‘Renewing the Resistance: The UK’s role in the Crimea Platform’
By Dr Jade McGlynn, Director of Research
“In the dying days of March 2021, Russia began mobilising its troops in and around Ukraine, relocating equipment and men to the occupied peninsula of Crimea. Russian Defence Minister Sergei Shoigu had announced that the 56th Airborne Brigade was being permanently relocated to Feodosiia, but there were a host of other – unexplained- Russian military movements. At the time of writing, Russian forces continue to gather in Crimea and elsewhere. While there is no strong evidence for an imminent attack on Ukraine, the force movements represent unusual activity beyond the scope of regular exercises or troop rotation, suggesting more than a coercive demonstration or signalling on the part of the Russian military. Ukraine and U.S. European Command are on high alert, waiting uneasily.
The centrality of Crimea to this escalation shows the importance of continued international monitoring of the Russian government’s actions there, amid increased militarisation and a deteriorating human rights and socio-political situation on the peninsula. Given this prominence, Crimea must also be at the heart of discussions over how to counter ongoing Russian aggression – not just part of the backstory.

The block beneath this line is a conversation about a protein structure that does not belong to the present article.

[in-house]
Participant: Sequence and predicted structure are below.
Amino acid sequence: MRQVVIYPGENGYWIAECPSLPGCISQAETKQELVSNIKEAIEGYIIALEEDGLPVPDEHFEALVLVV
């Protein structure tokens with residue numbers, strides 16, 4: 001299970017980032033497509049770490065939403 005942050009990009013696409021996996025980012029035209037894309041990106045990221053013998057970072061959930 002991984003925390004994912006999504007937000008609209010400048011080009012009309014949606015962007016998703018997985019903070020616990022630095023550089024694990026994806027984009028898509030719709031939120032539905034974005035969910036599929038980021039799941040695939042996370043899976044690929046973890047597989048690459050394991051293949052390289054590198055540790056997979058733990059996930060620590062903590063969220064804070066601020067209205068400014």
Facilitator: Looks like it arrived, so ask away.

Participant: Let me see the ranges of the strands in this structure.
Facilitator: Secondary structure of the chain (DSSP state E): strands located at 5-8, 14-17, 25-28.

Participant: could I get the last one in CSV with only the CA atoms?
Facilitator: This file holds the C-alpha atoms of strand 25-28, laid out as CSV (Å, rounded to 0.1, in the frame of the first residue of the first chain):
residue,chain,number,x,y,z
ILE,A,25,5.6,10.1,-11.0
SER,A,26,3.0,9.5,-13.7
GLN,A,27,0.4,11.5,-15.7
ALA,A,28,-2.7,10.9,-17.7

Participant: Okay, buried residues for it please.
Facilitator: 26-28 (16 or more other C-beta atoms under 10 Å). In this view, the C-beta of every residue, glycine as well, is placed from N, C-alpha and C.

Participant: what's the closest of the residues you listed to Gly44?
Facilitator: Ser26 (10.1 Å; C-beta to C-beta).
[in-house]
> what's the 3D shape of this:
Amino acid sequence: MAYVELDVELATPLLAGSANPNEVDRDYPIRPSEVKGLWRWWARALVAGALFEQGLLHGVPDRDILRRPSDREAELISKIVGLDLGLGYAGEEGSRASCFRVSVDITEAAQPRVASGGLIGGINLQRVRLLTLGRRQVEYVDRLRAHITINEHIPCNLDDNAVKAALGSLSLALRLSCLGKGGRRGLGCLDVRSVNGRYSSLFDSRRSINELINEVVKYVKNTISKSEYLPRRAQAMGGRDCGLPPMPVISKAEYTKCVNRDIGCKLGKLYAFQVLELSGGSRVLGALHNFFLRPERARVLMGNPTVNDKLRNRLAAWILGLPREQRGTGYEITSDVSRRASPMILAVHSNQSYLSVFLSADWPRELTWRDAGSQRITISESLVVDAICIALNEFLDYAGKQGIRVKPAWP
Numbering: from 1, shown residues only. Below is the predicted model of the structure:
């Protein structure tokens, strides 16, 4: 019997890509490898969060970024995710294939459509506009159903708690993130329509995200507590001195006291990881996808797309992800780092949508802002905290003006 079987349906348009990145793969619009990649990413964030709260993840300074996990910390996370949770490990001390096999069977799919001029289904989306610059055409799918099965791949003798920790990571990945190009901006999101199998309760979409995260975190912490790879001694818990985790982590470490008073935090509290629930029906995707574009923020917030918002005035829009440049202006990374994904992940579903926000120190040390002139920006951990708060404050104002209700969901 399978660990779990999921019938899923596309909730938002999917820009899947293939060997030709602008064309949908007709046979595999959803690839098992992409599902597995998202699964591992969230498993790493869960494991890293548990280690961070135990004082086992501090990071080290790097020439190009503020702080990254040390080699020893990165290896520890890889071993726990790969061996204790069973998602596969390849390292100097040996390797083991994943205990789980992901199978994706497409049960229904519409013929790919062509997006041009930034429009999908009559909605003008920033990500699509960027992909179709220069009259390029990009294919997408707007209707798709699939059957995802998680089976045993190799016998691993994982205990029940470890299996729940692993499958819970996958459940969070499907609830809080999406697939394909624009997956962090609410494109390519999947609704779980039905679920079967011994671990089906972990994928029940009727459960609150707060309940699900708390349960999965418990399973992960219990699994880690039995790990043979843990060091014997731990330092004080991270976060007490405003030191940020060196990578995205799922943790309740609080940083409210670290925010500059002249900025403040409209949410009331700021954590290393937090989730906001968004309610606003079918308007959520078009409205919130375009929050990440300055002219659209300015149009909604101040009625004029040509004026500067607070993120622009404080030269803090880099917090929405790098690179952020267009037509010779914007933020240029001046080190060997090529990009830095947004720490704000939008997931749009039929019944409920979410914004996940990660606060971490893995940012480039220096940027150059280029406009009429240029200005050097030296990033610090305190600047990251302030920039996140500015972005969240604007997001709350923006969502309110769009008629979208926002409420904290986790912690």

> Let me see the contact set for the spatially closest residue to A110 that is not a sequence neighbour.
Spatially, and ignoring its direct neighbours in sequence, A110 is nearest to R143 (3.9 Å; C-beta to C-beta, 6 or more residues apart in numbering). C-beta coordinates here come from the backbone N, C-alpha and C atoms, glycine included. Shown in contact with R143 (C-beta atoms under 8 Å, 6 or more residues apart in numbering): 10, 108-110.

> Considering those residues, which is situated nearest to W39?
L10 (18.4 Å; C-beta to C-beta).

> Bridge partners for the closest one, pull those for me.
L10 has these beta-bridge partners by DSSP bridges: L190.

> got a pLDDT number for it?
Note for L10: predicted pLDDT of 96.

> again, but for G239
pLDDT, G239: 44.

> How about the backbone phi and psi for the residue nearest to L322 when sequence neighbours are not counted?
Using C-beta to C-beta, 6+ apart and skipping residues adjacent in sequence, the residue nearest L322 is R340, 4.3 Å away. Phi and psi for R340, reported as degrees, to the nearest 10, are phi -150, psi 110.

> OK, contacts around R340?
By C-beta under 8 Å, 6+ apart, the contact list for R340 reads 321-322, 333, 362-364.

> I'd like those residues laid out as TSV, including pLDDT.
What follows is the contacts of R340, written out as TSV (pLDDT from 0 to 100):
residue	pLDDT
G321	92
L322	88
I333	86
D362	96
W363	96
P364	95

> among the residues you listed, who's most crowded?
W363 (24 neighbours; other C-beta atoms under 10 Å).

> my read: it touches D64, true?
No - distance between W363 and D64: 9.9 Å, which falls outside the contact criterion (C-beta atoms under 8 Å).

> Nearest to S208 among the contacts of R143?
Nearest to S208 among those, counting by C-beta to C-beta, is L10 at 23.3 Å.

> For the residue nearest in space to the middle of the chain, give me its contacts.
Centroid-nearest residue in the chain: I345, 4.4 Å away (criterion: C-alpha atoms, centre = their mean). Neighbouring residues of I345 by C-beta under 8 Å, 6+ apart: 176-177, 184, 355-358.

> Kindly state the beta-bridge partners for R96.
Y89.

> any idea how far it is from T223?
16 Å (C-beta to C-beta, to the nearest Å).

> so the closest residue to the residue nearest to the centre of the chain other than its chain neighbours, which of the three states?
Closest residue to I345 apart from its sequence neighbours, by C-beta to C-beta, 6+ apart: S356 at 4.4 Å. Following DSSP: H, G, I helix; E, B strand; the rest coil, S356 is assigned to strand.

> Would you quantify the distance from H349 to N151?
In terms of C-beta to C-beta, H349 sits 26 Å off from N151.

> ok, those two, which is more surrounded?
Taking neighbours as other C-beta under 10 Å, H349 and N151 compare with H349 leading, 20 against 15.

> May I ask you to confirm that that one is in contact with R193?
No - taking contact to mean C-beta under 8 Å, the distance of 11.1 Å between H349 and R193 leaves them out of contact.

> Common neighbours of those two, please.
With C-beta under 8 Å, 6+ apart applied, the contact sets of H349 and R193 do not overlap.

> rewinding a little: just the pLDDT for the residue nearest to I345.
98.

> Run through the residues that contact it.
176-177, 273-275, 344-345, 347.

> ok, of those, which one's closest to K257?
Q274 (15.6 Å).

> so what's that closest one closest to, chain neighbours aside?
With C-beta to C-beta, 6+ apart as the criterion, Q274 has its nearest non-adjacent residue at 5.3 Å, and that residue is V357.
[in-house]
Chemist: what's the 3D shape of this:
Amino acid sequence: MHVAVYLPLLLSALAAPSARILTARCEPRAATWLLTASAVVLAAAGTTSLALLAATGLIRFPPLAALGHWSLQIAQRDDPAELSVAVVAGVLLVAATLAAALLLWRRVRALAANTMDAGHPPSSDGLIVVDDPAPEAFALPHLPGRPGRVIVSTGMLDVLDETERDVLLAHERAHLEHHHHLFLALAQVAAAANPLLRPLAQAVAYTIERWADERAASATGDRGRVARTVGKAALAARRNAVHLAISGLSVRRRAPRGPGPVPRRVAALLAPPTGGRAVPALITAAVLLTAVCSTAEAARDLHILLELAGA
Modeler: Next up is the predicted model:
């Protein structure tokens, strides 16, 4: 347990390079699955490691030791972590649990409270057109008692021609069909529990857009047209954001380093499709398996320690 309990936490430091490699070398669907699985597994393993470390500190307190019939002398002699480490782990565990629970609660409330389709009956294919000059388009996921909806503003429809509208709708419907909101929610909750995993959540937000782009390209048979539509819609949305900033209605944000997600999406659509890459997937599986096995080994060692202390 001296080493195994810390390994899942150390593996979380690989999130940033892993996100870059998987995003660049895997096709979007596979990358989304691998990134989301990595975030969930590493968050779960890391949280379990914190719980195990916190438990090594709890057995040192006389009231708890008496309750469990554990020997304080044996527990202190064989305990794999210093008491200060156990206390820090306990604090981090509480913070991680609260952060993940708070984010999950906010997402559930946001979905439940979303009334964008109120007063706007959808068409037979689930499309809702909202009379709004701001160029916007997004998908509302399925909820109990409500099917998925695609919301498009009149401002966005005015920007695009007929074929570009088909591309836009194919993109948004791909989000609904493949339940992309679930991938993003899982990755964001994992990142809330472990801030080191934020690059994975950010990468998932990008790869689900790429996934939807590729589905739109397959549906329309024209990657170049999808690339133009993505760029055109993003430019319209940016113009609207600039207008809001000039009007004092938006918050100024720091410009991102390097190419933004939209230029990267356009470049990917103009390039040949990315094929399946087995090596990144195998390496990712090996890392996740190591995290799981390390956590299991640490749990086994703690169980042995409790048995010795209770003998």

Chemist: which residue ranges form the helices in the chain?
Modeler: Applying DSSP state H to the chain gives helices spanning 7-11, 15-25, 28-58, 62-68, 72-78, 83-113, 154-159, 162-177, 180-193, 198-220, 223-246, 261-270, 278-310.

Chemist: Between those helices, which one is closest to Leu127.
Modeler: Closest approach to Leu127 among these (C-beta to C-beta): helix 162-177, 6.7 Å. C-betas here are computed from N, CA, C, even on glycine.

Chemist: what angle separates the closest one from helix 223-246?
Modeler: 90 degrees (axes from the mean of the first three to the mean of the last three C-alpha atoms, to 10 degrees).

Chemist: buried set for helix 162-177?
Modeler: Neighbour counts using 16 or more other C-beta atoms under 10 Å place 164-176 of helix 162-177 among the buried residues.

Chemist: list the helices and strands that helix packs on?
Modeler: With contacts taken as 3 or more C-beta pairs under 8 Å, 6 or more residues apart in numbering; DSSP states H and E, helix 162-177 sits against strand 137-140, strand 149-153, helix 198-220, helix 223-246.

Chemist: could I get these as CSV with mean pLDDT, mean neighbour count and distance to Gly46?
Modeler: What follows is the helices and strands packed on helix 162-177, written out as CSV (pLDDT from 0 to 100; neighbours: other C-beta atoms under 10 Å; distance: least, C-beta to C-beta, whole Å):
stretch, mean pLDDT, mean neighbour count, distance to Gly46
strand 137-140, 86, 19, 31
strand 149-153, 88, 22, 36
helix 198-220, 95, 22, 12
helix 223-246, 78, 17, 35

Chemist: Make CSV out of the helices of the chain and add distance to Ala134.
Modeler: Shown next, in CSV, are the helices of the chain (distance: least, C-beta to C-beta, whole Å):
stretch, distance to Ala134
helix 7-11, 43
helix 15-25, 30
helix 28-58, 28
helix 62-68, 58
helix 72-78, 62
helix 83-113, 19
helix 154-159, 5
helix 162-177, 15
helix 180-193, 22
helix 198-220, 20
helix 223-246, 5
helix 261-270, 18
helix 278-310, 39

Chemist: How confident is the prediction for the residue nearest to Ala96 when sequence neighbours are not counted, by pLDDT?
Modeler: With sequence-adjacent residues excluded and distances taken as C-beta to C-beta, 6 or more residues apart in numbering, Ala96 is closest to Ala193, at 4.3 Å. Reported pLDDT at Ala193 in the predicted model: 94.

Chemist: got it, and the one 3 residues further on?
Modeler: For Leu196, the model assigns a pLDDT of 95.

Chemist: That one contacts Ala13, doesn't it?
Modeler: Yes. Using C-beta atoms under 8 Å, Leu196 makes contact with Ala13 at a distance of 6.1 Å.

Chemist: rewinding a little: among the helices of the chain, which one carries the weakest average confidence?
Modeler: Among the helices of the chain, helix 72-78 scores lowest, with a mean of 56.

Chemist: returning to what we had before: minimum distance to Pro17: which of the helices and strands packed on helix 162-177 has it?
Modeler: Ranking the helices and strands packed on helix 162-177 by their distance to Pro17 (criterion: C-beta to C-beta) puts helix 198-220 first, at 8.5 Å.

In October 2020, the UK and Ukraine signed a detailed Political, Free Trade and Strategic Partnership Agreement (henceforth Strategic Partnership Agreement) that covered security issues as well. But all sides agreed that the agreement, while most welcome, was intended as a springboard and not a limit to UK-Ukrainian partnership. With an eye to expanding this collaboration, Ukrainian Foreign Minister Dmytro Kuleba invited Great Britain to participate in the Crimea Platform while in London to sign the agreement. Amid the uncertainty of the prospects of the Normandy format and the Minsk negotiating process, which are unlikely to expand any time soon, and taking into account the UK government’s willingness to play a global role in the Baltic-Black Sea region, this briefing will argue that the next step is for the UK to not only accept Mr Kuleba’s invitation but to also play a leading role in the de-occupation process and in championing the Crimea Platform.”
About the Author:
Dr Jade McGlynn, Director of Research
Dr Jade McGlynn is the Director of Research at the Henry Jackson Society, where she previously worked as a Research Fellow specialising in Russian political culture and foreign relations. Prior to joining HJS, Jade worked as a Lecturer and Researcher at the University of Oxford.
Jade holds a DPhil in Russian from the University of Oxford, where she also gained her BA in Russian and Spanish. She also has a Masters by Research in Russian and East European Studies from the University of Birmingham. Jade has published in various media outlets, leading academic journals, think tank reports, and collected volumes, and she is currently finalising a manuscript on the politics of memory in Putin’s Russia.
Outside of academia, Jade has worked in international marketing roles across Russia and Eastern Europe, managing teams across several time zones. She lived and worked in Russia for five years and has also worked and held research fellowships in Spain, Serbia, the USA, and Ukraine. As well as fluent Russian, Jade speaks Spanish, French, Serbian, and Ukrainian, with limited proficiency in German.